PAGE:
|Posted on November 1, 2016 at 4:00 PM|
I get the distinct impression a few of you are impatient for Christmas ideas and wreaths are at the top of the list. I spotted a few winners online and hope you enjoy them. I'm smitten by the one above but could not find attribution or instructions for it. I believe it is cedar (??) and oh, so gorgeous. I have tried to find wreaths that come with instructions and/or tutorials as well as lots of photos to inspire even novices to try making their own.
Tradtional Balsam Fir and Pine Wreath
I found this traditional balsam fir and pine wreath over at Fynes Designs. Virginia, the owner of this blog, has a really good tutorial for making a traditional balsam fir and pine wreath and also provides ideas for decorating your creations.
For her how-tos, click here.
If you don't have all the tools you need for making a similar wreath, do what I always do - substitute! If I don't have a wire wreath base (and I never do), I use wire coat hangers. To attach the materials to the base, I don't go out and buy floral wire - I save and use those pesky wire closures you get with store-bought baked goods and veggies - very bad for the environment. Before using, I remove the paper or plastic covering these and there they are - free wire fasteners!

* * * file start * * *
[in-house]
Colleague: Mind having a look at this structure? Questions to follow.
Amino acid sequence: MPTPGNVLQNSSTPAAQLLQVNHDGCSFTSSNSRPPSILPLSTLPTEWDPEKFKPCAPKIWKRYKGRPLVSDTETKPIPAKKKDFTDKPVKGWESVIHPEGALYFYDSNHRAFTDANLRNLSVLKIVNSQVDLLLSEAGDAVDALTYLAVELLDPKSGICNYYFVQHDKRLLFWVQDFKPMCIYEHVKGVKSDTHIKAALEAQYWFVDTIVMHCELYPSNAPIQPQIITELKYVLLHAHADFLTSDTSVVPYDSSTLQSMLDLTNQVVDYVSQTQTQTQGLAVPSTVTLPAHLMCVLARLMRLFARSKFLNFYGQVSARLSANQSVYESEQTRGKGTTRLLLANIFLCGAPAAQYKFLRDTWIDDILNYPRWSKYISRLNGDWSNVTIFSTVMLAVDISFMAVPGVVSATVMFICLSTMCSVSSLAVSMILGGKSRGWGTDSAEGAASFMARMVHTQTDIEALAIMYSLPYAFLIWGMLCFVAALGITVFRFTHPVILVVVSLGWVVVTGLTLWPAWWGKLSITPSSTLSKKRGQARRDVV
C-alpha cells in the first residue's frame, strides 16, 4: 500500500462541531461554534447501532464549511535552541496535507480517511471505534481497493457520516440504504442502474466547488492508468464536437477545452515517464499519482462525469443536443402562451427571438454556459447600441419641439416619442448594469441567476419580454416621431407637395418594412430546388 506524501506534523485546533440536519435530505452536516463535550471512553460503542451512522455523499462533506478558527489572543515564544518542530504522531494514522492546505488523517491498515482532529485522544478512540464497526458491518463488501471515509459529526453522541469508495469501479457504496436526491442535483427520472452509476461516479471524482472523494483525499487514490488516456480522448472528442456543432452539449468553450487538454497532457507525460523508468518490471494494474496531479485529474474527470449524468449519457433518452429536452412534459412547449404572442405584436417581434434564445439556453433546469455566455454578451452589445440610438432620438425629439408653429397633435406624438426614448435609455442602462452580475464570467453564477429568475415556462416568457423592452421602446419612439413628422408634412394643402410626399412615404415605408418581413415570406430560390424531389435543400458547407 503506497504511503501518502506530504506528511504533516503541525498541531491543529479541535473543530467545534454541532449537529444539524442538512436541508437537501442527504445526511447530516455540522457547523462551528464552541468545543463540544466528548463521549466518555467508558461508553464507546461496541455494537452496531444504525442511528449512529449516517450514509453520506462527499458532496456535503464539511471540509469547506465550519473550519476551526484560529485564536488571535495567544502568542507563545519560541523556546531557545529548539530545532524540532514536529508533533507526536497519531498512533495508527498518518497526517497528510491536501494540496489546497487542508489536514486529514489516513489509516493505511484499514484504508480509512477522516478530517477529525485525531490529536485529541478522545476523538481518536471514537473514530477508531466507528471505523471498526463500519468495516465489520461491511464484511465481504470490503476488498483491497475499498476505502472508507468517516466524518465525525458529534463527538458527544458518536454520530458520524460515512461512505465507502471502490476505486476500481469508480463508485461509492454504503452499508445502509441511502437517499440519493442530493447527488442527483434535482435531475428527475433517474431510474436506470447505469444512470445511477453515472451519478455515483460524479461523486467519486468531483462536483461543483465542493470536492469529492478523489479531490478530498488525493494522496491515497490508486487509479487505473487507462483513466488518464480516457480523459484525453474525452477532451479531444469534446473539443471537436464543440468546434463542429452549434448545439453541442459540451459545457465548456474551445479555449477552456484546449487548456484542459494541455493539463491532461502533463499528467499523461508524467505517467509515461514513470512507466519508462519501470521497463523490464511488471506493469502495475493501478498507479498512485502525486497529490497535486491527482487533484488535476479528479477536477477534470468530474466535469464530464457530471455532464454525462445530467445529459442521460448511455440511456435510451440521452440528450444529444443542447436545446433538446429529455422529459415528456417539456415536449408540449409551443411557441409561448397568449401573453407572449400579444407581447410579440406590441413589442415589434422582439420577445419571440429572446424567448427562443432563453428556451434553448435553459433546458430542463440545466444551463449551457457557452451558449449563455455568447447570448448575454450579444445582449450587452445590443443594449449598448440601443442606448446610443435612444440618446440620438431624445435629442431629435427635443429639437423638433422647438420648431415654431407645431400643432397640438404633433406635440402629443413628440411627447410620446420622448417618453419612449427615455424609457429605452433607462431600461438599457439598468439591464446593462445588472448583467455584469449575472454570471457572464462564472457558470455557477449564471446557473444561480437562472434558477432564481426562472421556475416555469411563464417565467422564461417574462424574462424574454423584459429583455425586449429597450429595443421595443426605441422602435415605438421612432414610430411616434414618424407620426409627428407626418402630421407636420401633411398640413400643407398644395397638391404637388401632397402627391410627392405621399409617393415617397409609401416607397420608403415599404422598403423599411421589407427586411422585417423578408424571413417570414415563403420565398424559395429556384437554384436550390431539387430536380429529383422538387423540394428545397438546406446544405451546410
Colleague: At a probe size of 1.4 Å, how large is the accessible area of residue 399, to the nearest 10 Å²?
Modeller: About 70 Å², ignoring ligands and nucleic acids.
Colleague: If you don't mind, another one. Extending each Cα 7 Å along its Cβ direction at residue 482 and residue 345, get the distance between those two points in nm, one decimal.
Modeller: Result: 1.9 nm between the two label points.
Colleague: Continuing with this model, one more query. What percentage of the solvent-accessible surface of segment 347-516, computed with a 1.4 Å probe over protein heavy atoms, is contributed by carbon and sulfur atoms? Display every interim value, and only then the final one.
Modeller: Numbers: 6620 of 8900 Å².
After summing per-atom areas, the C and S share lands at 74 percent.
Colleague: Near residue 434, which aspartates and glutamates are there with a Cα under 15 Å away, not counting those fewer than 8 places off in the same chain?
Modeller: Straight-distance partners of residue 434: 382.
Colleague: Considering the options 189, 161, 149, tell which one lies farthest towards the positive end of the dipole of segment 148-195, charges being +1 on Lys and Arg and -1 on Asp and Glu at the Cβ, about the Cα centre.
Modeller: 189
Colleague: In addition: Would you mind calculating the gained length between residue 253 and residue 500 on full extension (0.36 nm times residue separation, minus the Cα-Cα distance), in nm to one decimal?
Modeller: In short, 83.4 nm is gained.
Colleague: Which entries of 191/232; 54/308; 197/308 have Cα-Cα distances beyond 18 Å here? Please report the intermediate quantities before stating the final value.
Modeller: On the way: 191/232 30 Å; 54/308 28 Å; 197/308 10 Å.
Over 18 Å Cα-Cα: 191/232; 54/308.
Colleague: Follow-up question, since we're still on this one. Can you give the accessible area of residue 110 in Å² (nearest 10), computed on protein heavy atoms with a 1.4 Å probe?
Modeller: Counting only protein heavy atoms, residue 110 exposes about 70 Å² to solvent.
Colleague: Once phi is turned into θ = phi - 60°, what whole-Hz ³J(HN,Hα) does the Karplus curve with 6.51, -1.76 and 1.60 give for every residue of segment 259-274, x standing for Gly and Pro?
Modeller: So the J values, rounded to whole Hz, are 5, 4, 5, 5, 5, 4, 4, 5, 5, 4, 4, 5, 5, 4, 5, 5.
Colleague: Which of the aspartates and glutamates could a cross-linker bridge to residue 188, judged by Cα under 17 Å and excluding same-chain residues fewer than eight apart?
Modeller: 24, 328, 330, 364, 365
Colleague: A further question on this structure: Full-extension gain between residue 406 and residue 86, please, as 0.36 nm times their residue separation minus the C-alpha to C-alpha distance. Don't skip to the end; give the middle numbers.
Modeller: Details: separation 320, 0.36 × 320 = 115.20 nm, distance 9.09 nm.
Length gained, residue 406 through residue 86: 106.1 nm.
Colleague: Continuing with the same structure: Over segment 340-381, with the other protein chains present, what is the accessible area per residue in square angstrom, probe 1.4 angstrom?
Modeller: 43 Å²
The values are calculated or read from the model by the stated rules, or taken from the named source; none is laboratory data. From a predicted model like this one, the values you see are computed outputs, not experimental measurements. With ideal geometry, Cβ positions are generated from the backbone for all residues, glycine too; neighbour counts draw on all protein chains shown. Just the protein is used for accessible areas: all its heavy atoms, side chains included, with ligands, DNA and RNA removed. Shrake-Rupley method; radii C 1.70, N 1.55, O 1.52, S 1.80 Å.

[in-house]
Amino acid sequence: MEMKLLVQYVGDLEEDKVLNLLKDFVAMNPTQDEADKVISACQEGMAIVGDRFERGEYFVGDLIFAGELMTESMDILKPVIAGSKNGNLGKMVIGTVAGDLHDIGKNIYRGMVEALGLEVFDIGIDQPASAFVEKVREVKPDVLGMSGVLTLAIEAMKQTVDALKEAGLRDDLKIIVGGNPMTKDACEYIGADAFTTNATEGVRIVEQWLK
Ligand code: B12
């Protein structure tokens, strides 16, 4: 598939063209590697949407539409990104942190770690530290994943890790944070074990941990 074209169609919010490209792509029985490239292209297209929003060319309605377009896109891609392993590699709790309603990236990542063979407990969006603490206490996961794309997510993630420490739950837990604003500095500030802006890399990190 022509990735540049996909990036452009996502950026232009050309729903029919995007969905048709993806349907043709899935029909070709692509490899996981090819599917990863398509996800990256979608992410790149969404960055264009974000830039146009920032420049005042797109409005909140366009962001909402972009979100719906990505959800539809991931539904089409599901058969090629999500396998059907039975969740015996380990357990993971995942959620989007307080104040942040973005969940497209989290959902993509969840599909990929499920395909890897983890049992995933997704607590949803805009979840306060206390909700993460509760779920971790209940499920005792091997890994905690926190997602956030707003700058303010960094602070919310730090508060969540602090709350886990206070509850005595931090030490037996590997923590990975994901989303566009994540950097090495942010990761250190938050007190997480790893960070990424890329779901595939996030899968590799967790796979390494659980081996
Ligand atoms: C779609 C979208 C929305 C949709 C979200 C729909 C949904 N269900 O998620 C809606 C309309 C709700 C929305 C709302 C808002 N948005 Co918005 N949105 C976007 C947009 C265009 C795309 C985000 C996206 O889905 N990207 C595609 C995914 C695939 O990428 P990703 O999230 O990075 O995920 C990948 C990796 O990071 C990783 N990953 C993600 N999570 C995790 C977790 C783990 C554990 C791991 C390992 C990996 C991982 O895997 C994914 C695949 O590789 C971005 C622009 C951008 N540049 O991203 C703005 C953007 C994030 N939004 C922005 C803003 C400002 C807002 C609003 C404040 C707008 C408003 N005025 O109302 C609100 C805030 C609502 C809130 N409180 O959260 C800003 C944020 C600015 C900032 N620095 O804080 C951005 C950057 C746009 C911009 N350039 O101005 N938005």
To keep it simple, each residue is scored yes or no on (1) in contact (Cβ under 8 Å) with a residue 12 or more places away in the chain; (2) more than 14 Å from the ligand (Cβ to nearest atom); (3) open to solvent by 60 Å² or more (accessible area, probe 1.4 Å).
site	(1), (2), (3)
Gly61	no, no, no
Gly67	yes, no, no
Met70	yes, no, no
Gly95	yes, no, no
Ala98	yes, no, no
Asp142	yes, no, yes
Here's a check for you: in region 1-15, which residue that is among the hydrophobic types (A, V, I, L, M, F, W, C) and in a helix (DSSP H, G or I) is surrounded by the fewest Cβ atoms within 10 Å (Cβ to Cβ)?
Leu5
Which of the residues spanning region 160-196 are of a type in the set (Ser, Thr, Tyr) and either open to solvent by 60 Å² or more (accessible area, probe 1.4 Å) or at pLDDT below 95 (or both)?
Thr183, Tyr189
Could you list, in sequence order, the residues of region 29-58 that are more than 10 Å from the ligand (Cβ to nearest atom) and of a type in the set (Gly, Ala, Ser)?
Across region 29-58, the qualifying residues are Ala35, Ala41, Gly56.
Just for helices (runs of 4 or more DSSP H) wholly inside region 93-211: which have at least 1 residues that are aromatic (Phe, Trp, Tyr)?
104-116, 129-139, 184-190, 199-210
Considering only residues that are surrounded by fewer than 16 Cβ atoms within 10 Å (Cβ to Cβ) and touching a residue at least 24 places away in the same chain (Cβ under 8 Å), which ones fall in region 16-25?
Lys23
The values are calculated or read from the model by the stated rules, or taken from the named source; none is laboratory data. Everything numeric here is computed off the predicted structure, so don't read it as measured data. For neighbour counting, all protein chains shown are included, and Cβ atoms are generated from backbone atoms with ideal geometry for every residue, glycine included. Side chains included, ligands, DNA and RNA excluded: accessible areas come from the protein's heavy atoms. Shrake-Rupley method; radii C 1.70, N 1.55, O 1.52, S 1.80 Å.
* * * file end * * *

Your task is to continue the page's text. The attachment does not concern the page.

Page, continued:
No wire coat hangers? No problem - use wooden embroidery or quilt hoops instead. Kim Purvis, behind the blog, Made in a Day, shows you how to wire up a quilt hoop but the same instructions work for an embroidery hoop.
No embroidery or quilt hoops? Raid your kid's toys and haul out that no longer used hoola hoop. You can make a spectacular wreath with this. No instructions for this wreath idea but the instructions for the quilt hoop will work here as well.
Look, you don't need to spend money on wreath materials, instead head for your local farmer's market and find the guy that sells holiday trees. Often, to make the trees more attractive and symmetrical, bottom and side branches are cut off. Ask if you help the seller out by removing these for him/her. They'll probably be happy for you to do just that. And look, no cost to you.
Get the idea?
Traditional Faux Wreath
If you have an artificial wreath on hand perhaps from last year, why not spruce it up with this idea from our lady Martha? This was featured in her Martha Living magazine (Dec. 14/Jan. 15 edition). First remove whatever decorations there are on your original wreath and substitute with decorations you have on hand or raid the kids' toy box again. Little cars or trucks or popular toy figuires would loo fabulous.
Add a bit of quilt batting and you're done. Get the kids to help out since this is probably their wreath anyway! Here are Martha's instructions.
Traditional Pine Cone Wreaths
Pine cone wreaths are very popular and last a long time. Often the cones are free for the taking in local parks or woods. Felicia Kramer over at her blog has very clear instructions for making your own pine cone wreath.
Click here for her tutorial.
Tomorrow, non-traditional wreaths!